Calif. College Professor Placed on Leave After Asking Asian-American Student to 'Anglicize' Her Name

(OAKLAND, California) - A professor at a community college in the San Francisco Bay Area was on leave after asking a Vietnamese-American student to "Anglise" her name because it sounds like meanness in English, school officials confirmed.
Laney College president Tammeil Gilkerson said that once the campus leaders learned of the comments, an unnamed faculty member was put on administrative leave pending an investigation, the East Bay Times reported.
Freshman Phuc Bui Diem Nguyen told KGO-TV last week that on her second day of college at Oakland College, she received an email from trigonometry professor Matthew Hubbard asking her to use a different name.
"On the surface, this incident is obviously troubling and comes after decades of debating and combating structural racism, xenophobia and violence," against the black and Asian-Pacific island community, Gilkerson said.
Hubbard said in an email to The Associated Press that he apologized for his mistakes "and the pain they caused so many". He refused to go into detail.
Approximately 30 percent of the college's more than 16,000 students are Asian-American students.
Nguyen said people would ask how to say her name if they didn't know how she grew up. "He is an ignorant person and doesn't try to find out my name," she said of the professor.
Hubbard wrote emails exchanged between Hubbard and Nguyen and shared on the social media show, saying their name "sounds like an insult in English."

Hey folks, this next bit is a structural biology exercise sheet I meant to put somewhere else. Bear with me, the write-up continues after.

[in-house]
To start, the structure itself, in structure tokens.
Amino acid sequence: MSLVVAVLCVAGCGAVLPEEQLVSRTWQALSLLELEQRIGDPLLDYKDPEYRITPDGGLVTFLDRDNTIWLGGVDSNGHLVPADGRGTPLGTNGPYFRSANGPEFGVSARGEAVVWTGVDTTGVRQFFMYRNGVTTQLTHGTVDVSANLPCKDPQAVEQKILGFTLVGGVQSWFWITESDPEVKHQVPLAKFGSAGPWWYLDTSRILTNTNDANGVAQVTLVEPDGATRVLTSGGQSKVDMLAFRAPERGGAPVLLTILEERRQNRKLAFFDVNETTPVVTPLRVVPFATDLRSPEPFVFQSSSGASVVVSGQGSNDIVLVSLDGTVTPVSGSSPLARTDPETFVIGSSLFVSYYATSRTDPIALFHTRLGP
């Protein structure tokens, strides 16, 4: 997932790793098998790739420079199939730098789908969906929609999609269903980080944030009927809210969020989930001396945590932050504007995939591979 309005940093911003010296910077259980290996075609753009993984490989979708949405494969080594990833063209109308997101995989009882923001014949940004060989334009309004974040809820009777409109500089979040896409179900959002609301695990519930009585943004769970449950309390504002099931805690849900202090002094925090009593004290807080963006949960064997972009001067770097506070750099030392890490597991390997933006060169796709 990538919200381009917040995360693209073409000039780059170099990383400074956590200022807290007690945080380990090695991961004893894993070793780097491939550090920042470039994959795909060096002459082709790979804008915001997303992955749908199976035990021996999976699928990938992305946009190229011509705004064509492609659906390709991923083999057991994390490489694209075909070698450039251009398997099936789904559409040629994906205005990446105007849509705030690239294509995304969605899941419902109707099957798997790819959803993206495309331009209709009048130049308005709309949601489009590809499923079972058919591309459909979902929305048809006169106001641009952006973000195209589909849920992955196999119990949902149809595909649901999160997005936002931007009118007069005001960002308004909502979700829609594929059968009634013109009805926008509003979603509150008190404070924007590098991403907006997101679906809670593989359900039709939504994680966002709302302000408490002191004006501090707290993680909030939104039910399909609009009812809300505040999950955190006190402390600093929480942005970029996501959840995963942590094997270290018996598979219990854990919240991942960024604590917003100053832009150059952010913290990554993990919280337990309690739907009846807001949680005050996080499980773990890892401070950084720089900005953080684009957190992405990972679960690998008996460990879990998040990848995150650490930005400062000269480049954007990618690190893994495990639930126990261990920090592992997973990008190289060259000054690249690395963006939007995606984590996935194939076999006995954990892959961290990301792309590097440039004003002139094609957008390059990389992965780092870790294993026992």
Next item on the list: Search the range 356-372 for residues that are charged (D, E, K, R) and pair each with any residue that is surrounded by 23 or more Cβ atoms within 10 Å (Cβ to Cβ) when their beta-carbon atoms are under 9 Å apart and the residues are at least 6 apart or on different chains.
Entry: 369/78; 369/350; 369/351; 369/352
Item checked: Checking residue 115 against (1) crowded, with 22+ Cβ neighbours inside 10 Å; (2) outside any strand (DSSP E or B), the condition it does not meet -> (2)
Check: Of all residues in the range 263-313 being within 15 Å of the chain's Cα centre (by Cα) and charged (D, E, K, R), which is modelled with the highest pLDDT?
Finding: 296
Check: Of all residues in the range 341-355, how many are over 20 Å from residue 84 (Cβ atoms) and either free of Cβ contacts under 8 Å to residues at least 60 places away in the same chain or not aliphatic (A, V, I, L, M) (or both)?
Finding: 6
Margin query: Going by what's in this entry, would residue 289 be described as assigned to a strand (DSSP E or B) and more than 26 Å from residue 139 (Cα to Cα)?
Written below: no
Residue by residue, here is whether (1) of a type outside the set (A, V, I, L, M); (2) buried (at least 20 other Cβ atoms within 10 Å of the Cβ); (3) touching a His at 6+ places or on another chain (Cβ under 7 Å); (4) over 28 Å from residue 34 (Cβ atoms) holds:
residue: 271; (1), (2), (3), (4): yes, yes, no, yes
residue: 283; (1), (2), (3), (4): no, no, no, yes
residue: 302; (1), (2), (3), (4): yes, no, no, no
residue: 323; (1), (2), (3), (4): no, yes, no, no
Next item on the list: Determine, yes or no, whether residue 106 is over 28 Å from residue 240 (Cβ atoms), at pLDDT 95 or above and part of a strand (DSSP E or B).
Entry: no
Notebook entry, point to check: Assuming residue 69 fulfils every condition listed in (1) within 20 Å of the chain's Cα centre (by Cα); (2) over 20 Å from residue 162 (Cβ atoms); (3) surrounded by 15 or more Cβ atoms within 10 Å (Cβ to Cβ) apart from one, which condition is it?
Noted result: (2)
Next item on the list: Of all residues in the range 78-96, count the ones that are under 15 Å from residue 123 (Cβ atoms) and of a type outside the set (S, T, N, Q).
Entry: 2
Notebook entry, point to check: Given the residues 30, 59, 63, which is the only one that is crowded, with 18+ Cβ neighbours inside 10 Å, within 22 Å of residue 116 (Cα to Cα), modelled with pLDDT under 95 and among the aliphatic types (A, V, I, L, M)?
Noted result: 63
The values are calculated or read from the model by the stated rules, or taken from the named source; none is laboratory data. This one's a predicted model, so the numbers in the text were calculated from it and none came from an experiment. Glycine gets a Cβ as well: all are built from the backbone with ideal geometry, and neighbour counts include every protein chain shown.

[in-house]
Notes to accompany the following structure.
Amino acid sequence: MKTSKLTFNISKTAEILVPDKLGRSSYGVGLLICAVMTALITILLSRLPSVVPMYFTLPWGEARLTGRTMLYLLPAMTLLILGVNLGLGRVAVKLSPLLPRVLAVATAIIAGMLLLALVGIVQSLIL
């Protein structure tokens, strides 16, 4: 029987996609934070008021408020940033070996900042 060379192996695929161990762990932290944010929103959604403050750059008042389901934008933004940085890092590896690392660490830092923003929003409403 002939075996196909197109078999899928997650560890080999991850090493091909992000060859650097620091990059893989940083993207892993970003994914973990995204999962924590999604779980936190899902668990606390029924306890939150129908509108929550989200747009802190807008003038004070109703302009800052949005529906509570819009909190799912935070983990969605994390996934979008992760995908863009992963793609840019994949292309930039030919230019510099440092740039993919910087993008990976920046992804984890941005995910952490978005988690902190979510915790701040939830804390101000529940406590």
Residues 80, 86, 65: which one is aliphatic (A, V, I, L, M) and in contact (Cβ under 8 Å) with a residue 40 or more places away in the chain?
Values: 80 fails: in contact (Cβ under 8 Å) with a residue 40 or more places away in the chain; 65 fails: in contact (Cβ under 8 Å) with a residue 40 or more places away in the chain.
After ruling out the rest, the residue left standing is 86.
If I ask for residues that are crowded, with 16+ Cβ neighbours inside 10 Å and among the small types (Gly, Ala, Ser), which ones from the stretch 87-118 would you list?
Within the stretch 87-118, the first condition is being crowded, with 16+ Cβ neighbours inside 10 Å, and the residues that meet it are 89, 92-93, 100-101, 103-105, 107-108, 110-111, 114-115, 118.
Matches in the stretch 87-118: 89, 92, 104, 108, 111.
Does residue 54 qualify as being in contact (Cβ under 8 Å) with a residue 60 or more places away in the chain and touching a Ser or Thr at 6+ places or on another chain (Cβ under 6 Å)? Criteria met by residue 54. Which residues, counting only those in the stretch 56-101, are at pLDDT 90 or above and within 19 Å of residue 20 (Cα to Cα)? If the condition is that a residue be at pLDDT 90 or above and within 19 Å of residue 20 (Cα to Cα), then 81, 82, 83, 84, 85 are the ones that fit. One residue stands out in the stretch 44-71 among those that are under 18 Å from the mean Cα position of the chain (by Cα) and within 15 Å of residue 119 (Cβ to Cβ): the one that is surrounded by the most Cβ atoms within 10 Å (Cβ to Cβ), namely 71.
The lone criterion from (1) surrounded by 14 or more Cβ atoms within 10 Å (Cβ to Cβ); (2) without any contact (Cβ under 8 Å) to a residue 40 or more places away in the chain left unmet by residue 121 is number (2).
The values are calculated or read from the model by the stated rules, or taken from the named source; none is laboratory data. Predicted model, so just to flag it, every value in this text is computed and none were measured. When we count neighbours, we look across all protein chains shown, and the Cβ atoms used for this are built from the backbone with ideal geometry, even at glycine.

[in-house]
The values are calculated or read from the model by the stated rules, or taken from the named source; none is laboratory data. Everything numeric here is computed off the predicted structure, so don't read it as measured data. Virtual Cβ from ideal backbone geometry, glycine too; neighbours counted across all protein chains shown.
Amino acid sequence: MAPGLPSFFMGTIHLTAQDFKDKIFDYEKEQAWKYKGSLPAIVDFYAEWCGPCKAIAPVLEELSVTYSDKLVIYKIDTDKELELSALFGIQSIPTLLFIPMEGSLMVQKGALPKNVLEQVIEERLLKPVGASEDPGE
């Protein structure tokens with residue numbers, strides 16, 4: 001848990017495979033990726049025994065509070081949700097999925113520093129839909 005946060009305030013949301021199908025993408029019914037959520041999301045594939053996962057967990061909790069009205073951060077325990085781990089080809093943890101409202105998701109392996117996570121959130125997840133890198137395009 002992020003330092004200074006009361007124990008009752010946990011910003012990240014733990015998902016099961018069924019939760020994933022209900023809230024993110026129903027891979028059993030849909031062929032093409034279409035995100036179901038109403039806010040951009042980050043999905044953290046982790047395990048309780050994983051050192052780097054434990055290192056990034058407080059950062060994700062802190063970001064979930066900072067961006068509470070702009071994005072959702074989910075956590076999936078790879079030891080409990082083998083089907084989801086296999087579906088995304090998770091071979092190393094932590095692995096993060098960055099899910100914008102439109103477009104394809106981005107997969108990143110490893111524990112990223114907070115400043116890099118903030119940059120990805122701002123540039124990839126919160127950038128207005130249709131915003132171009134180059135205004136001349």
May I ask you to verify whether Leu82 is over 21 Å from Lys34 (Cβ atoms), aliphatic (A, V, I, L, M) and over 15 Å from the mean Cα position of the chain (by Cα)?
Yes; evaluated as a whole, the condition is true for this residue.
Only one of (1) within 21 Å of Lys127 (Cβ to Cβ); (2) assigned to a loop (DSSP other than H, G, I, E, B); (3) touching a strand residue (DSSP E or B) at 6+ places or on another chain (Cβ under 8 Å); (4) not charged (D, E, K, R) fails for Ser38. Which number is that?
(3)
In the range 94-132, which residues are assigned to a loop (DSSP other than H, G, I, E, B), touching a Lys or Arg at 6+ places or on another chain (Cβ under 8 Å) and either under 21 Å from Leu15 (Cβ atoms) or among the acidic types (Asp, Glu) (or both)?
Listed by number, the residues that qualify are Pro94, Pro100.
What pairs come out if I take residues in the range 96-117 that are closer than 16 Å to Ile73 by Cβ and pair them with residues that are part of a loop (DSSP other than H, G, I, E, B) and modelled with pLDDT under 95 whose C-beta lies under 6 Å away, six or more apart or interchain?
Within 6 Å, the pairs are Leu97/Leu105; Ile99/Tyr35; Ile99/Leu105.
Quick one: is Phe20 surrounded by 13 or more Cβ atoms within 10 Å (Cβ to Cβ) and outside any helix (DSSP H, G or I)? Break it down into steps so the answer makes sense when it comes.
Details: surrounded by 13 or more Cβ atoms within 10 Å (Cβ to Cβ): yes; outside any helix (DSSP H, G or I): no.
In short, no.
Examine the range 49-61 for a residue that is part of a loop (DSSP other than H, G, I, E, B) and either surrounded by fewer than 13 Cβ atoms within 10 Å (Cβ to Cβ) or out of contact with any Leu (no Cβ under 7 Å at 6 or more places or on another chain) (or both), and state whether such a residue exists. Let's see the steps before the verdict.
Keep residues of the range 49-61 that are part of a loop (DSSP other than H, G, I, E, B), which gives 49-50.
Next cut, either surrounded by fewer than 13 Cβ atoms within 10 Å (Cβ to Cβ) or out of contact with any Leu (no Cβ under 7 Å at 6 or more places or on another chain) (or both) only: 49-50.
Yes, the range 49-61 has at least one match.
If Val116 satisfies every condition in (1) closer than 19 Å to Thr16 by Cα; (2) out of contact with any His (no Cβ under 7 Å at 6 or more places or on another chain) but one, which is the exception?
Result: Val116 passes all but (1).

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Matthew Hubbard, a professor at Laney College, asks a Vietnamese student to "Anglicize" her name to include it.
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Nguyen replied that his request "felt discriminatory" and warned the professor that if he refused to give her birth name, she would file a complaint with the school.
Hubbard wrote her back and repeated the request. He said he would change his name if he lived in Vietnam and it was insulting. "I understand that you are offended, but you have to understand that your name is an offensive sound in my language," he wrote.
After Thursday's emails went viral on social media, Hubbard tweeted an apology that read, "I apologize for my insensitive actions that caused my student pain and anger, and for a myriad of people who mean mine Reading, pain and anger caused two inappropriate emails on the Internet. “Since then he has deleted his Twitter account.

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